The template was built by creating the discrete data points required by the CFFPR such as airway clearance techniques (ACTs), pancreatic enzyme type, and CF-related comorbidities. These data points were defined with the same level of granularity as captured in the CFFPR, that is, specific treatment frequency, enzyme dosage, and binary “yes/no” values. With 263 data points created, the NoteWriter template was structured thematically by disease management and complications, airway, and nutrition ([Fig. 2]). The specific items were organized in a collapsible format so that only relevant options were viewable when prompted, allowing a multitude of information to be captured in less space. As data are entered, a scripting function drafts text in a narrative note form. Several iterations of this template were created, tested, and edited to ensure that all relevant aspects of documentation, such as a CF-specific review of systems and physical examination, were included to satisfy institutional requirements for a complete progress note. The development of this EHR tool for an external registry, such as the CFFPR, is distinct from other EHR registries, which focus on internal registry creation.[38]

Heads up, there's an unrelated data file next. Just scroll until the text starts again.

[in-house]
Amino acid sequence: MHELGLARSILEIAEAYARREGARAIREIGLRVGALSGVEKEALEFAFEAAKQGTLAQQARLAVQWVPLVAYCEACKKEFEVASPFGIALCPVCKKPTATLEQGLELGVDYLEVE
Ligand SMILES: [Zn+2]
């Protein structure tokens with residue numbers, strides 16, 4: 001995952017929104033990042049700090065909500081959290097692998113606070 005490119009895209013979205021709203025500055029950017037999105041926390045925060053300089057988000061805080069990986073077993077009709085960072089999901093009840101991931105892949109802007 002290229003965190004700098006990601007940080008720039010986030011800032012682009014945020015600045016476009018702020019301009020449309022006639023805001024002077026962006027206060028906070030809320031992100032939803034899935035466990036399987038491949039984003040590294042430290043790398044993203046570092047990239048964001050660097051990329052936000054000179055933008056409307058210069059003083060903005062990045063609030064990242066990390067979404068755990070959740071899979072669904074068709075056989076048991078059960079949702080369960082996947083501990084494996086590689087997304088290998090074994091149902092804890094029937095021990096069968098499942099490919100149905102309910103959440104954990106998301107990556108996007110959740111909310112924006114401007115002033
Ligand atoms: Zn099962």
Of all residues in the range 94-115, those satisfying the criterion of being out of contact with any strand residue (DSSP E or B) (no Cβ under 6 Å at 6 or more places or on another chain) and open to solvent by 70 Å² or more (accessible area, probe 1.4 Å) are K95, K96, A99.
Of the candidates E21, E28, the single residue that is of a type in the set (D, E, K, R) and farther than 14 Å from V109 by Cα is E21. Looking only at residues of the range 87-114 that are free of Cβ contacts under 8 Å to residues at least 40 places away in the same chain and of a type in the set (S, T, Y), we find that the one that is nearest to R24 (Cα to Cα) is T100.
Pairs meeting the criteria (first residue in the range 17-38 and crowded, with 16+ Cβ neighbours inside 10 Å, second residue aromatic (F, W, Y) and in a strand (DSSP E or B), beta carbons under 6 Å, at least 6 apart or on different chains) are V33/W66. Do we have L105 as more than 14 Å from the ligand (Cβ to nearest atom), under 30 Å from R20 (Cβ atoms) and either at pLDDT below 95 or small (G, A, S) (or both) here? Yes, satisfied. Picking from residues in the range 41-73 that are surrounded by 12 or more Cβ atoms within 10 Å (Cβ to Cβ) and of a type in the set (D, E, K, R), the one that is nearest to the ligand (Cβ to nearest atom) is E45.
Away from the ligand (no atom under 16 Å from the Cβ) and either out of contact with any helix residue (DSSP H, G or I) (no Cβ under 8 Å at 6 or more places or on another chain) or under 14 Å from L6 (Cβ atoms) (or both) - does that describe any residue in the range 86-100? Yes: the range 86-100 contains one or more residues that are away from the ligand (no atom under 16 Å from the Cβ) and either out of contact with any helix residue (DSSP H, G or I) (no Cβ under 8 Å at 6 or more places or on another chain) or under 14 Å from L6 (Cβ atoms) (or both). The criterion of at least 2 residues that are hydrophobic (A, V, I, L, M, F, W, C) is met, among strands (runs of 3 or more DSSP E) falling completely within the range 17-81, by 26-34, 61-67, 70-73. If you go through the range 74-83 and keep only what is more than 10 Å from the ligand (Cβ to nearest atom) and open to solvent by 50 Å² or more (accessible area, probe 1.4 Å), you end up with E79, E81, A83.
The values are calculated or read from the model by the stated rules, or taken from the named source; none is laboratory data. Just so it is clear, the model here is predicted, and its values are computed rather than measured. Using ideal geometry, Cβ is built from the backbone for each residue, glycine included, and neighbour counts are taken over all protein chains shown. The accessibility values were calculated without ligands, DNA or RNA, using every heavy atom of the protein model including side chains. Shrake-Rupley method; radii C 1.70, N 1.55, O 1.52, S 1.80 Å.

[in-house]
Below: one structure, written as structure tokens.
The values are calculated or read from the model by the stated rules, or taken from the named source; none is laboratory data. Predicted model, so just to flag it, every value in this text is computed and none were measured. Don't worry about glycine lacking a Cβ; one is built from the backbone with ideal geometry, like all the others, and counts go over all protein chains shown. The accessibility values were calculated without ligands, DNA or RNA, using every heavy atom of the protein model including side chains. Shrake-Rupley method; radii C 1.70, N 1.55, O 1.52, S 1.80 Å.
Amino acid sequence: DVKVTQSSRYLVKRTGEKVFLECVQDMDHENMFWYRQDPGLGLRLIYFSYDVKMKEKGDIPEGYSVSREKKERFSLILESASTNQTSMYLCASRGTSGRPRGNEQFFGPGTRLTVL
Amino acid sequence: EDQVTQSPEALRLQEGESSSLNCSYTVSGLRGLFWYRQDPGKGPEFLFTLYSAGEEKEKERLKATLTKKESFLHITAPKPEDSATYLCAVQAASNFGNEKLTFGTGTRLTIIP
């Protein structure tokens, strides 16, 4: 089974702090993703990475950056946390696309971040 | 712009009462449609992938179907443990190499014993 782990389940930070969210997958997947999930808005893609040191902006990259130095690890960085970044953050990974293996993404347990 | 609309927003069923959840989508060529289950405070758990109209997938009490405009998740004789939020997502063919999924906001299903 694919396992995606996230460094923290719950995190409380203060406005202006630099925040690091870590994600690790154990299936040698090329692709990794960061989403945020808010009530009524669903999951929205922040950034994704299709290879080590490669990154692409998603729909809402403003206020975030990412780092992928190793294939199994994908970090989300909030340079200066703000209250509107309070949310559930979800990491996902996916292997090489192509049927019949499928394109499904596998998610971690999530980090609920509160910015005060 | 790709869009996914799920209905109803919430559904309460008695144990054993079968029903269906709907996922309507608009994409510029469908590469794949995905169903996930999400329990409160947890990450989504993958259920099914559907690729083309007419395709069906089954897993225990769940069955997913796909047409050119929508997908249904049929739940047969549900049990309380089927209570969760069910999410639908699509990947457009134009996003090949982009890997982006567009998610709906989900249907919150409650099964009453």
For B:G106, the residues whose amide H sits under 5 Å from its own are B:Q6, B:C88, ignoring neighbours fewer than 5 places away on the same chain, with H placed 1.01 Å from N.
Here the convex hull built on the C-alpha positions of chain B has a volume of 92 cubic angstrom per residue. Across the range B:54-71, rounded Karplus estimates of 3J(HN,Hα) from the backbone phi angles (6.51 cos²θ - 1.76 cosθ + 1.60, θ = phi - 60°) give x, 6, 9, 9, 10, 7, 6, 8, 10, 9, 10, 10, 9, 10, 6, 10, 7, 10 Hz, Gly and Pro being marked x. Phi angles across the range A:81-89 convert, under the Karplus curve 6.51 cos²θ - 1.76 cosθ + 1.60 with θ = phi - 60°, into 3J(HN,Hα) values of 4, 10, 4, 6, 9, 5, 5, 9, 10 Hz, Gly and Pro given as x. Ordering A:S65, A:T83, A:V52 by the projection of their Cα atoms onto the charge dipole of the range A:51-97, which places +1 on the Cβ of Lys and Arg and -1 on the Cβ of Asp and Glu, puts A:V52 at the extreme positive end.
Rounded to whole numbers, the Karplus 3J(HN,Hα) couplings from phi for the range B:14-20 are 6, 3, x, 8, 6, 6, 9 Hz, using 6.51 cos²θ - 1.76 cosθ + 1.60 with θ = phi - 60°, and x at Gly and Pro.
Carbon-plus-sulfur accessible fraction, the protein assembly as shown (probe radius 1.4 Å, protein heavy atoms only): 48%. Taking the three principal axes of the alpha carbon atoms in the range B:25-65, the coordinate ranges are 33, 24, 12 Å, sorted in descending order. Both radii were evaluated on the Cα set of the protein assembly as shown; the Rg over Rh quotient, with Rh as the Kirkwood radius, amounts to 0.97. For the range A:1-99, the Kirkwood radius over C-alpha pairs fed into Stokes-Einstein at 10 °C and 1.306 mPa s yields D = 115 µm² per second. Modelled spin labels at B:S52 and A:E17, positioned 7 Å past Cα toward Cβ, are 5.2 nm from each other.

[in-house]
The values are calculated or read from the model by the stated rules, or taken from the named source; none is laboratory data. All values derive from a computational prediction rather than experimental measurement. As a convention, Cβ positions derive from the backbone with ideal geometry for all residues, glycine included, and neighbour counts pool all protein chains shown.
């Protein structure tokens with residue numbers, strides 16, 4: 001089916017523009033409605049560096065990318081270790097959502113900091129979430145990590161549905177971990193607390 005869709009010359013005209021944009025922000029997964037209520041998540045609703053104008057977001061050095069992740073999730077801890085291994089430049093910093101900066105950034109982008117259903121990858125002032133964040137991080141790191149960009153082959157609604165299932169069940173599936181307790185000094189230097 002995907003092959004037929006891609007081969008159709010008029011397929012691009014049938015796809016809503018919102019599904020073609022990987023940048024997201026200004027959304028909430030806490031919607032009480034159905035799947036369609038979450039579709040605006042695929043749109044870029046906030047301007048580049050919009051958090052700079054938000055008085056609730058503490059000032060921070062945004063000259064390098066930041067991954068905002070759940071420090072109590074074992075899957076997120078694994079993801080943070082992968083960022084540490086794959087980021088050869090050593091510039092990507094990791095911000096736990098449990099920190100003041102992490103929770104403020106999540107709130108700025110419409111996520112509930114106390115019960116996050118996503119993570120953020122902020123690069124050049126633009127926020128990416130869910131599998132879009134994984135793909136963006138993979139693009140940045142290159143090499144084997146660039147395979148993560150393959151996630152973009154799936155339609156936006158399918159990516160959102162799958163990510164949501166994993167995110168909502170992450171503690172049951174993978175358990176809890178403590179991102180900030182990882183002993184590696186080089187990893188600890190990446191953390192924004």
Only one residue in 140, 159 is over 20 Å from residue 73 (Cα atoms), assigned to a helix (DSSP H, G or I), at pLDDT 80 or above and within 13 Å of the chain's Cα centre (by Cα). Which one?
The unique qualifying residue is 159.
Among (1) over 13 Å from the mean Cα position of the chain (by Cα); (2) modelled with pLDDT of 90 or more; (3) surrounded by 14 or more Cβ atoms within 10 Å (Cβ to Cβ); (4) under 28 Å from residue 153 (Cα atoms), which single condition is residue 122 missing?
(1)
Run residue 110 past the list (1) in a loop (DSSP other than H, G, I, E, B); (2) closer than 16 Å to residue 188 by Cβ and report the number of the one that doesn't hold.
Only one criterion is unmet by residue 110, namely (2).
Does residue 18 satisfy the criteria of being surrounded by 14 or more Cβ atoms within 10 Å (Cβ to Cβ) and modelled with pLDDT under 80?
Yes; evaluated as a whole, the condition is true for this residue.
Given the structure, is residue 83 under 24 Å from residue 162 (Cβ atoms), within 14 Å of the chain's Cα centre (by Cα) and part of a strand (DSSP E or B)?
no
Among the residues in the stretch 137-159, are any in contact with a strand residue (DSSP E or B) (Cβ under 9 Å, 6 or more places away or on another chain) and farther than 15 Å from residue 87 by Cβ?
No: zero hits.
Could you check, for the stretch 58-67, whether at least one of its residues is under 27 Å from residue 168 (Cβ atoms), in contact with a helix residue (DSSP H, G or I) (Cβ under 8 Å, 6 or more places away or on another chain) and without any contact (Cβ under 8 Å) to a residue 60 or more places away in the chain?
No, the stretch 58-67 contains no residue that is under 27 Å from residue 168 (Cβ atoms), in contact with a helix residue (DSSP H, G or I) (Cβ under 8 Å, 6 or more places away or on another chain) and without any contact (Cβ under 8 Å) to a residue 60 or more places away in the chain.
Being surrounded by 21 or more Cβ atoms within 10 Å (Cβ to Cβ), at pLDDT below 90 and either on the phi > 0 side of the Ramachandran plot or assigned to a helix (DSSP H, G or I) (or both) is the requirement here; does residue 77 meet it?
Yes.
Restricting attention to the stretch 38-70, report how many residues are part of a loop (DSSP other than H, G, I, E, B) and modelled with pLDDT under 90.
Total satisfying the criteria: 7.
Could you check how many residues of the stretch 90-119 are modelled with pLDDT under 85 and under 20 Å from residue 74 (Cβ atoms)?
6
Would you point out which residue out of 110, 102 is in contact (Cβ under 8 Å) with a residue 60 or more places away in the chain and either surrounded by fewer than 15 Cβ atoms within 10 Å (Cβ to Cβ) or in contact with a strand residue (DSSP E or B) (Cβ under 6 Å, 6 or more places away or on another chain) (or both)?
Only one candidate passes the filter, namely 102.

Many of these data elements exist elsewhere in the EHR such as medication doses and medical complications. Although documenting these details again is duplicative, the benefit is that they can be viewed clearly alongside other CF registry data while writing the note and are able to be carried forward through the copy last note feature, as many of these items such as medical history or genotype do not change over time. In our experience, there is a small upfront cost involved with setting up a patient's chart with this tool; however, it adds value by streamlining and structuring the data.


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Evaluation of CF NoteWriter Template and Physician Documentation Practices